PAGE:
Better late than never: Conn College has posted its 31-member roster, including 10 new players. The Conn College roster reflects modest attrition: four veteran players with remaining eligibility are not returning for another season although only one–junior d-man Brendan Russ (12GP: 3-1-4)–played significant minutes. The other three players not returning are sophomore F William Lavezzoro (1GP: 1GP: 0-0-0), sophomore d-man Trent Thomas (1GP: 0-0-0), and junior goalie Bailey Aust (no stats). All 9 players in our recruits database are listed on the roster plus an additional player (G Michael McHale, who has been added to the database).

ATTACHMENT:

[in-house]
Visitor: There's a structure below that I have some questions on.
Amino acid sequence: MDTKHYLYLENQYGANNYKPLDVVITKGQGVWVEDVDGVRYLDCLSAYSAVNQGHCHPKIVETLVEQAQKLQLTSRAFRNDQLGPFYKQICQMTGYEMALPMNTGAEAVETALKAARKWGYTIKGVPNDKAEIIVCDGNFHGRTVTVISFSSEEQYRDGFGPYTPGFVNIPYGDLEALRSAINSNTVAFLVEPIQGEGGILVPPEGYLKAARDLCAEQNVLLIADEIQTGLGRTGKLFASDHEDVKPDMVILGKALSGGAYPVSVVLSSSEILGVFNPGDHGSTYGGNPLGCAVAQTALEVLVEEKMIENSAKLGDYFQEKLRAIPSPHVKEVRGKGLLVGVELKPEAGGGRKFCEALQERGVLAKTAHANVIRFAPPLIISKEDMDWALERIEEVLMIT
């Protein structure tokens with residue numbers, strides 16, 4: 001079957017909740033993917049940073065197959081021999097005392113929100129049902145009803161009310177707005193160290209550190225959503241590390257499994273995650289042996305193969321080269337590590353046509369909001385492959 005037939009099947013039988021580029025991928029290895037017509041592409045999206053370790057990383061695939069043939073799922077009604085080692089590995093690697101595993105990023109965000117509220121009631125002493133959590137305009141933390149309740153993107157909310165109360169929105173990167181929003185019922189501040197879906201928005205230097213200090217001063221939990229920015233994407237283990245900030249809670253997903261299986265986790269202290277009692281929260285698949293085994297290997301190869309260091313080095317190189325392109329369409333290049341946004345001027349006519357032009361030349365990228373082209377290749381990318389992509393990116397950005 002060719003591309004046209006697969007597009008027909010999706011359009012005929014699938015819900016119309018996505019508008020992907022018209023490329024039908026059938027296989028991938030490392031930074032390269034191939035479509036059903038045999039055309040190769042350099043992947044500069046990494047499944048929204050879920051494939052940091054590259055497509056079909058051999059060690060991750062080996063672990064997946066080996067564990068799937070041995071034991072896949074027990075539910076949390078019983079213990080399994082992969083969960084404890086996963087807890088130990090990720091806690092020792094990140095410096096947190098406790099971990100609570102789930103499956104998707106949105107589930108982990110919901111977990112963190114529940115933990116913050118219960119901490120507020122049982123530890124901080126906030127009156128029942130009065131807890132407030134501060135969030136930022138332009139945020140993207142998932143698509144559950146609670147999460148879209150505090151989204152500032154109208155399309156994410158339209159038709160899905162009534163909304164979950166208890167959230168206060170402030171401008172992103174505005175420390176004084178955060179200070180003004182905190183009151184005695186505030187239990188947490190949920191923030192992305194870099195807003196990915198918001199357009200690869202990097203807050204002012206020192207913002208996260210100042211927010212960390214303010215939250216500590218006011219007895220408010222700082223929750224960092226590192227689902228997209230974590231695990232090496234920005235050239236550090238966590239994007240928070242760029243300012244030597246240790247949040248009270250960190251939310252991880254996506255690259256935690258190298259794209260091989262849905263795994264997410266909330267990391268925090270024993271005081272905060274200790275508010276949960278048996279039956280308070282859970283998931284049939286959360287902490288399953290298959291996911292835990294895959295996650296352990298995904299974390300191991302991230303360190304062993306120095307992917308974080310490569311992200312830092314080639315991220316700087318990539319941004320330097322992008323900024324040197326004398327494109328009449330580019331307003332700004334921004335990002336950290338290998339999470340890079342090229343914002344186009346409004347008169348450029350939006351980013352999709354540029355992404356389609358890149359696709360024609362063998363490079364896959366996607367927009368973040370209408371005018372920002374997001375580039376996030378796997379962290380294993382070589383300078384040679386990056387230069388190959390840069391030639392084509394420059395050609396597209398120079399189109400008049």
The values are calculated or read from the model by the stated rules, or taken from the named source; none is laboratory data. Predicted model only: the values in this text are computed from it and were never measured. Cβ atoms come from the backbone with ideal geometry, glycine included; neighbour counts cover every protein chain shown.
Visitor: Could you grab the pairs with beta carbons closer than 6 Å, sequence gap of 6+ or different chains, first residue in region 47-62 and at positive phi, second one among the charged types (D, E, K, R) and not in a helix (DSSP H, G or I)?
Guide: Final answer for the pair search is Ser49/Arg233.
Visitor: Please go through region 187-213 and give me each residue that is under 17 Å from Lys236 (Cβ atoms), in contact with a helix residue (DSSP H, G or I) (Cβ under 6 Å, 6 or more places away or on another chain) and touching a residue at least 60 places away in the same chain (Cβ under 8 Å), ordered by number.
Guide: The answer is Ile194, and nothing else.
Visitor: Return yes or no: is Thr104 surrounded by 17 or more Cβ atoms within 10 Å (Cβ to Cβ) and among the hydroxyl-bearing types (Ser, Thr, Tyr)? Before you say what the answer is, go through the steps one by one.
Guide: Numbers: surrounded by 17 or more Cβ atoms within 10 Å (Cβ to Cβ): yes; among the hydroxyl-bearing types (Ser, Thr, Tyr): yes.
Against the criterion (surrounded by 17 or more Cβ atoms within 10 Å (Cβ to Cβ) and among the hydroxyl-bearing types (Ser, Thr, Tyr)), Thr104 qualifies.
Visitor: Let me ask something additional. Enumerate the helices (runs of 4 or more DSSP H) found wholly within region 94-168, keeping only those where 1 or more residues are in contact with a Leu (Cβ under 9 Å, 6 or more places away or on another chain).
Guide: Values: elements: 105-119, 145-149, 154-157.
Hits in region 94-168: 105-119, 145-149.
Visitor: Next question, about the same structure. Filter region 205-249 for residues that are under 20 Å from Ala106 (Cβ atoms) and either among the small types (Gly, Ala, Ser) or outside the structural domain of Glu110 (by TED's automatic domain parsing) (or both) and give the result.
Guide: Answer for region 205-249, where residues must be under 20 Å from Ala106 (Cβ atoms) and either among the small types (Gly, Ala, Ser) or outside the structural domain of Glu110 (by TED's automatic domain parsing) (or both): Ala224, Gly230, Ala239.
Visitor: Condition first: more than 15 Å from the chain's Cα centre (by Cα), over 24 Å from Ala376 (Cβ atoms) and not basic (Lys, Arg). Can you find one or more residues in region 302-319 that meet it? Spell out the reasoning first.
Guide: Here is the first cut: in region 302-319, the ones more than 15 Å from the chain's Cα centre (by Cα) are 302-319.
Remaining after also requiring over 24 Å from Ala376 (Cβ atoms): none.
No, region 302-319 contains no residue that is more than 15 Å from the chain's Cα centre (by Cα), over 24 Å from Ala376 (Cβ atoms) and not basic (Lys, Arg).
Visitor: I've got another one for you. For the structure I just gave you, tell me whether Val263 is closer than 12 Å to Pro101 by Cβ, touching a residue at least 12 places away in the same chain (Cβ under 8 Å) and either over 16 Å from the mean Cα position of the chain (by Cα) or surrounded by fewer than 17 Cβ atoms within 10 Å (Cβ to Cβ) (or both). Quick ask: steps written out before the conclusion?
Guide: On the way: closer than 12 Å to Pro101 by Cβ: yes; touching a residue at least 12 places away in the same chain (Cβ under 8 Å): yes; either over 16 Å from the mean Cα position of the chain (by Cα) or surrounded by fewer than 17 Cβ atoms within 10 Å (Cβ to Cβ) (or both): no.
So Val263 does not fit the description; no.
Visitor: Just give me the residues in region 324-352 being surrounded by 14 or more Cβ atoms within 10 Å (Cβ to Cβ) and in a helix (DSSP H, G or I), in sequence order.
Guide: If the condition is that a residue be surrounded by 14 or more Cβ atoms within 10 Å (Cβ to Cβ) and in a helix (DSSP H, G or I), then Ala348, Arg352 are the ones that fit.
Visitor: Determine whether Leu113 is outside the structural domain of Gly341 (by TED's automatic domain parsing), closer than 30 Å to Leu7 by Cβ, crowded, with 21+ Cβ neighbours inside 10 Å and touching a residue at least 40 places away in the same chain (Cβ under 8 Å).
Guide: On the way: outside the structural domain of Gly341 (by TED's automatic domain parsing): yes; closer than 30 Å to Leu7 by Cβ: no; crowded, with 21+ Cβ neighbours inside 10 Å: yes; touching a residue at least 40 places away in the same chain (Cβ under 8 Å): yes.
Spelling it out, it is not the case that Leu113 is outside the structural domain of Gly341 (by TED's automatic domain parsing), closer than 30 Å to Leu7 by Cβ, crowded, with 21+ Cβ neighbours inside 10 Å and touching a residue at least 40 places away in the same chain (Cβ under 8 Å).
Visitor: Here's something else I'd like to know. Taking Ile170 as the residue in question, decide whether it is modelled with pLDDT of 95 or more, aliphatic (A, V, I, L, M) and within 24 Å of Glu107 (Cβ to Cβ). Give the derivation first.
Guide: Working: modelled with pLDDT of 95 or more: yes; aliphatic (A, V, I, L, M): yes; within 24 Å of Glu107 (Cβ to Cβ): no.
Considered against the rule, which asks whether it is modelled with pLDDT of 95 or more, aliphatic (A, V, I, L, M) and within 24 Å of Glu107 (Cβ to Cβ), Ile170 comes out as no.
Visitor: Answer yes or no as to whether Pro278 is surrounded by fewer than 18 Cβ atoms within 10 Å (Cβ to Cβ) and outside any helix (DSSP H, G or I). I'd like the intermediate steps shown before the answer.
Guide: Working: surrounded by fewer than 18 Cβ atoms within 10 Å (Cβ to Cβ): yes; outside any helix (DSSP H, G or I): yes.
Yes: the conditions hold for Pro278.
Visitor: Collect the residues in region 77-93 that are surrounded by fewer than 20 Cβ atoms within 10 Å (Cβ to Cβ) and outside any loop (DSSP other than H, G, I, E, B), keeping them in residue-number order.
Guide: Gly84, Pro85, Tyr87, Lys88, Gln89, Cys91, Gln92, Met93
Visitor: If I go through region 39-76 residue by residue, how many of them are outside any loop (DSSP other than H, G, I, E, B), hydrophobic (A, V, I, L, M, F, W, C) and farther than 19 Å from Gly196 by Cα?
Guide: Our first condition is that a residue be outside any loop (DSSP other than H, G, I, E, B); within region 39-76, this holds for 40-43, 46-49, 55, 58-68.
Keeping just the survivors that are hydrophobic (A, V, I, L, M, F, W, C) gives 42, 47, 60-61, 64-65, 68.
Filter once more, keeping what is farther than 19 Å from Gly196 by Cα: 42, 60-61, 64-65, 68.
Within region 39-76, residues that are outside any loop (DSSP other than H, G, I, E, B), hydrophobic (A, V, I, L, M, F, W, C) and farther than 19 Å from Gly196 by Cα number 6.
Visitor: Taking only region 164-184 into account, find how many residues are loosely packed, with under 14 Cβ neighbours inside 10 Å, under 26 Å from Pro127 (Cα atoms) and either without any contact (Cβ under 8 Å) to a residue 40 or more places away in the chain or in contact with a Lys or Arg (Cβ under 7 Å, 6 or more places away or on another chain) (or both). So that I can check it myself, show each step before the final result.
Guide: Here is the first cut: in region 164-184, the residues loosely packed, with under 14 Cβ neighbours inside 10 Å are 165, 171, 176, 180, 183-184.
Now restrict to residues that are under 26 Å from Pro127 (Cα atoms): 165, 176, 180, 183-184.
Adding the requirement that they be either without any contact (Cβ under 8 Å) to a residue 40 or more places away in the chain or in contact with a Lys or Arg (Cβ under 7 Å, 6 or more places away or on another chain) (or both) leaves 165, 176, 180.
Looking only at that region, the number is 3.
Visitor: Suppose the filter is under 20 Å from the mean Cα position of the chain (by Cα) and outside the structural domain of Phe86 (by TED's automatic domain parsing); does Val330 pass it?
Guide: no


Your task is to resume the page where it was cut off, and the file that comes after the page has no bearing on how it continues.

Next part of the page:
Conn College kicks off the season by hosting Wesleyan tonight and then Trinity on Saturday afternoon.

Evan Buitenhuis’ pro career is off to an excellent start

Here is a link to an excellent piece in the Hamilton student newspaper that details Evan Buitenhuis’ excellent start to his professional career. The article explains the mysterious relationship between ECHL and AHL teams (his contract is with the Islanders’ AHL franchise (Bridgeport Sound Tigers) but he is playing for the Worcester Railers, which is an ECHL team that has a relationship with the Bridgeport team). And Buitenhuis is well placed in that Bridgeport’s NHL parent team, the Islanders, has weaknesses in goal.